Here’s why to know them is to avoid themIf you own a non-themed venue, such as a mall, a small amusement park or any entertainment center that hasn’t got a specific theme, you understand the potential of a digital attraction to entertain your guests. And you probably already know what kind of experience people look for when visiting such places (spoiler: it’s licensed titles!). So, once you get your media-based attraction, you have to decide which content to buy, how many titles you need, and to understand which genres your target will love the most: adventure? horror? fantasy? Making the wrong choice is incredibly easy, because there is such a wide variety of titles around and one thing is for sure: they can’t all be good. Some of them are too long and result boring to the public - and boring is the exact opposite of what you want them to be; some of them are just plain old and your guests will notice it; some of them come directly with the simulator, and they have been used by so many other venues that six out of ten visitors who come to your place will have likely experienced them already, thus classifying you as cheap and second-rate. It’s as if you find yourself in a locked room with several doors, but only one of them hides a treasure chest - the other ones will lead you to a ravine that it will be difficult to climb back up. What to do then? Until a few years ago, the only way to get a CGI title was to lease it from a distribution company. Things have changed now, but chances are you have already had to deal with distributors in order to get new content.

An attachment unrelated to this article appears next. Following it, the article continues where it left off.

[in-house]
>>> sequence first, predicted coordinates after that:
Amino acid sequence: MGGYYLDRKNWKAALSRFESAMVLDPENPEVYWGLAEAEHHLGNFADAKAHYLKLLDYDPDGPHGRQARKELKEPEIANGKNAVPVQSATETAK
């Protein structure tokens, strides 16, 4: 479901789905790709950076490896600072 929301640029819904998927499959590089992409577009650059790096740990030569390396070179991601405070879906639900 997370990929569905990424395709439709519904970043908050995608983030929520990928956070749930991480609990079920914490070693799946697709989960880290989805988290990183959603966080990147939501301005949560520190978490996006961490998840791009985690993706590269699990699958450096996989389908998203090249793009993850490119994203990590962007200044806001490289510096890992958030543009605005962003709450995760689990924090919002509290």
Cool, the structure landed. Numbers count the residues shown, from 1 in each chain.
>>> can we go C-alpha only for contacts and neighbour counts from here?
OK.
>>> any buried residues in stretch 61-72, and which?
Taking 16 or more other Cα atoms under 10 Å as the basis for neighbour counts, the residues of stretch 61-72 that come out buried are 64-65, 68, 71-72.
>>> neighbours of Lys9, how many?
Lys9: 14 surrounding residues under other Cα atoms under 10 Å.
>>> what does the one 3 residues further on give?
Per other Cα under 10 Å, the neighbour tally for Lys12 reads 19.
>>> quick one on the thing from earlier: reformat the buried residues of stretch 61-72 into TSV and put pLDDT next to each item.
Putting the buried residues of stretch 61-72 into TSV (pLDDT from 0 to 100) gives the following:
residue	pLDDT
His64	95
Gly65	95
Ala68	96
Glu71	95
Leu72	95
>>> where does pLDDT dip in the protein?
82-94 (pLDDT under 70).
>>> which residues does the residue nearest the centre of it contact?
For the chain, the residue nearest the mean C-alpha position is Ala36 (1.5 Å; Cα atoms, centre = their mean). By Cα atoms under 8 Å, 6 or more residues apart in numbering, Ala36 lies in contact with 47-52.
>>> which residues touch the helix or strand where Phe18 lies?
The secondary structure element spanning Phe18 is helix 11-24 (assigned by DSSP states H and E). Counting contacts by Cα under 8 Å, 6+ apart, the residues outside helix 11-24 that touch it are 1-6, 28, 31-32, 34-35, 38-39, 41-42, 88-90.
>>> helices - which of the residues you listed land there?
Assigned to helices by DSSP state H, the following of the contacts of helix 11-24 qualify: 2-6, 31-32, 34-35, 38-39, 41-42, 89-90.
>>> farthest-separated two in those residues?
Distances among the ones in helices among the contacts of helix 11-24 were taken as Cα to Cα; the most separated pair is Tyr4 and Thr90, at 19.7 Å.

How to recognize distribution companiesWhat is a distribution company and how does it differ from a production company? Basically, a production studio creates the content, whereas the distributor sells it. But why should you prefer one over the other? What difference does it make to you? You should know that distributors exist because generic CGI studios are usually composed of “technicians” who are often unable to promote their own products. This means that distribution companies basically act as brokers, relying on generic and/or local CGI studios to produce the content they sell. This makes it actually easy to recognize distribution companies: you just need to visit their websites and look for the content they sell. Pay attention to these features:
- Do they showcase a huge number of titles?
- Are they all different in style from one another?
- Do they only release one title a year?
- Are these titles produced by other companies than the one selling them?